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Federal appeals court: Tax-free housing for clergy is constitutional

Federal appeals court: Tax-free housing for clergy is constitutional

Scales of Justice

A federal appeals court, overturning a lower court’s ruling, said Friday that a law which gives tax-free housing allowances to clergy does not provide an unconstitutional benefit to organized religion.

The unanimous ruling by a three-judge panel of the 7th U.S. Circuit Court of Appeals, based in Chicago, overturns a 2017 ruling by U.S. District Judge Barbara Crabb in Madison, who had found the law to be unconstitutional. The appeals court was ruling on a challenge to the law brought by the Madison-based Freedom From Religion Foundation, which first filed suit over the exemption in 2011.

The case that the Seventh Circuit ruled on Friday was FFRF’s second challenge to the law, filed in 2016.

“FFRF claims (the law) renders unto God that which is Caesar’s,” wrote Judge Michael Brennan, an appointee of President Donald Trump. “But this tax provision falls into the play between the joints of the Free Exercise Clause and the Establishment Clause: Neither commanded by the former, nor proscribed by the latter.”

After the 16th Amendment authorized federal tax collections in 1913, clergy were initially taxed on the fair rental value of parsonages used as living quarters. But in 1954, after some piecemeal changes to the law over time, Congress enacted a law that exempts from clergy income the rental value of a home furnished as part of compensation and rental allowances paid to clergy to be used for housing.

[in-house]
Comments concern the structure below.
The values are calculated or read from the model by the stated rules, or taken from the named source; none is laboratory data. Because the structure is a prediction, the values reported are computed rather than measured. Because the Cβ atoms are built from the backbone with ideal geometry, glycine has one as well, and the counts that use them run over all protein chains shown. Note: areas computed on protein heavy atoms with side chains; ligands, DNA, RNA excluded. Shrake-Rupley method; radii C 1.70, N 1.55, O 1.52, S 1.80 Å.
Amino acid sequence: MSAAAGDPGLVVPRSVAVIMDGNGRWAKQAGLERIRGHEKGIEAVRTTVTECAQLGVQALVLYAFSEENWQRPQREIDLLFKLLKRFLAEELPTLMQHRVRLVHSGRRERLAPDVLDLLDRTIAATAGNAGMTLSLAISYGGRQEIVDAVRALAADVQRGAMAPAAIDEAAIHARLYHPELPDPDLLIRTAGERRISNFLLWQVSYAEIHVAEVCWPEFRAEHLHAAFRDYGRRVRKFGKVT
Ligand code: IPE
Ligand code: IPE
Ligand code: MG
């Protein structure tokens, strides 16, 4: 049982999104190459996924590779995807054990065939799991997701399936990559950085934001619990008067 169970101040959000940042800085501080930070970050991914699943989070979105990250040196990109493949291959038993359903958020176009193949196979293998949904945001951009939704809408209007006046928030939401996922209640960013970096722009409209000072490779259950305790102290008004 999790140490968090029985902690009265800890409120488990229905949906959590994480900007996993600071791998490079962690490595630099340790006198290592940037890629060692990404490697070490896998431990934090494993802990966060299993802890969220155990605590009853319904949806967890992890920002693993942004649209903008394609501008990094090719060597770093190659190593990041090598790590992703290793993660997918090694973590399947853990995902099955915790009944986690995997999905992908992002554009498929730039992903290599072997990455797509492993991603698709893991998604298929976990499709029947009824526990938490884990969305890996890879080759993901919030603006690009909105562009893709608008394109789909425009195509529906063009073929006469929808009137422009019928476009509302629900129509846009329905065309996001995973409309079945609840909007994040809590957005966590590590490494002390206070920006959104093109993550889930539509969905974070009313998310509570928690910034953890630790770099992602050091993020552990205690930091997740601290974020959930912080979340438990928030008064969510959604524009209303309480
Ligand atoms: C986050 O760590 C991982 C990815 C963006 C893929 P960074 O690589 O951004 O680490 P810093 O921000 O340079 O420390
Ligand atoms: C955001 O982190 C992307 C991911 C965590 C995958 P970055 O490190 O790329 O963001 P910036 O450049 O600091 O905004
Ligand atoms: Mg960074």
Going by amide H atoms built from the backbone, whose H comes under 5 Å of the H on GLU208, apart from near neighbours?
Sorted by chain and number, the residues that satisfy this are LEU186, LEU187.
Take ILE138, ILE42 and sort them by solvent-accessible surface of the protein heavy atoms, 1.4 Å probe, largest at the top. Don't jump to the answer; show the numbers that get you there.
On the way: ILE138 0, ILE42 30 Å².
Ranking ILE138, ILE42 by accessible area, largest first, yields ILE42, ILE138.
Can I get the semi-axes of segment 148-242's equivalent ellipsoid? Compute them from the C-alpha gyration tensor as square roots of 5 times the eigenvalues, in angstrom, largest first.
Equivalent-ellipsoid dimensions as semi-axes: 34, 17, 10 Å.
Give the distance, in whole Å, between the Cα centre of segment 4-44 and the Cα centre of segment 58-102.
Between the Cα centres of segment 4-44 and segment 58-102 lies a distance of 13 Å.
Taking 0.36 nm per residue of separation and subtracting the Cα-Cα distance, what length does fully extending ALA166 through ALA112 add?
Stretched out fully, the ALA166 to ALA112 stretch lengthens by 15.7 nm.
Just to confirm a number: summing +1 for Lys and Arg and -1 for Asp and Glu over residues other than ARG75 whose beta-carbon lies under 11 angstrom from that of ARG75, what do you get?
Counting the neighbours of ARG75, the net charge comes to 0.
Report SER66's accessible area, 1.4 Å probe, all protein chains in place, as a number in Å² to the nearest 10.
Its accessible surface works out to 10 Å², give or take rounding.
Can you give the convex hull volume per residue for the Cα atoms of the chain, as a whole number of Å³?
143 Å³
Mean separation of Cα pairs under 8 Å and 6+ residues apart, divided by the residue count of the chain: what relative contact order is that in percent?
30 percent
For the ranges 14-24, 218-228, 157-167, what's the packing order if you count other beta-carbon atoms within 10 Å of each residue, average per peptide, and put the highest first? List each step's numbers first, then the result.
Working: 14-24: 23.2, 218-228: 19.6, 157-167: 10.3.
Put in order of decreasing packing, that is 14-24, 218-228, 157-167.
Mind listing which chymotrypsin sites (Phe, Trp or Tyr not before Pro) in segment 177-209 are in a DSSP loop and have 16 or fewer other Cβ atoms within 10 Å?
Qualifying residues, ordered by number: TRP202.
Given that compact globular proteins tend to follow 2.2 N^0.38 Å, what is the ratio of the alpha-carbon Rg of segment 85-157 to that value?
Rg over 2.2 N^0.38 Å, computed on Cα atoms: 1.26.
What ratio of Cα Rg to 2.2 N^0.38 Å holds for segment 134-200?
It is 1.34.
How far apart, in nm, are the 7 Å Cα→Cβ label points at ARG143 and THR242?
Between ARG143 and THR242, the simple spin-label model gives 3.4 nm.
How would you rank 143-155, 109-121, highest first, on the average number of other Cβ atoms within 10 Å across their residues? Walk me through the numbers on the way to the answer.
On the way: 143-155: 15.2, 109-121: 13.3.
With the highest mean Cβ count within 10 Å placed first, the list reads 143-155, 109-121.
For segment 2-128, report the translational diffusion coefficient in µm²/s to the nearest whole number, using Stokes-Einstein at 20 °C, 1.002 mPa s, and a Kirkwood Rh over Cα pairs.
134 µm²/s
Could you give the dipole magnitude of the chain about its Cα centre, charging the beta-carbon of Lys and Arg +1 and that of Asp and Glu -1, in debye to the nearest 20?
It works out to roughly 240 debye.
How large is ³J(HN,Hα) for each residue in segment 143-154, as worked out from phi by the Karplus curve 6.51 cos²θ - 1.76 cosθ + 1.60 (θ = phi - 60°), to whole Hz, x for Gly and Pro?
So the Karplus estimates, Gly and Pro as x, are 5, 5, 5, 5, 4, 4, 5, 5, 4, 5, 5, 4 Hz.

In October 2017, Crabb ruled that the clergy housing tax exemption provides an unconstitutional benefit to religious persons and nobody else, in violation of the Constitution. She had also struck down the law in 2013, but as in the present case, her ruling was reversed by the 7th Circuit.

FFRF co-president Annie Laurie Gaylor said the organization knew that the favorable ruling it received from Crabb was doomed when the government’s appeal was assigned the particular panel at the 7th Circuit.

“We expected to lose because it was the luck of the draw,” Gaylor said. “We drew three conservative judges. We were hoping there would be one dissent.”

Gaylor called the law “a boondoggle, a handout from the government for churches and clergy.” A silver lining, she said, was that “the panel, while ‘blessing’ the clergy housing allowance, makes it clear that the government is not obliged to offer clergy this benefit. Congress had the right to pass the law, but that means Congress also has the right to repeal it.”

Gaylor said FFRF was considering whether to ask for a rehearing of the case by the entire 7th Circuit.

In its first trip to the 7th Circuit, FFRF was told that it did not have standing to sue. In this case, following instructions provided by the court, Gaylor and her husband, Dan Barker, claimed tax refunds for their housing allowances, only to have them rejected by the Internal Revenue Service. This time, the U.S. Treasury Department did not challenge their standing to sue.

But applying a three-part test for evaluating the constitutionality of government action, set in a 1971 U.S. Supreme Court decision, the appeals court agreed that the law has three secular purposes, that it neither enhances nor inhibits religion, and that it does not foster an excessive government entanglement with religion.

The court also found that for more than two centuries, the government has implemented various tax exemptions for religious organizations.

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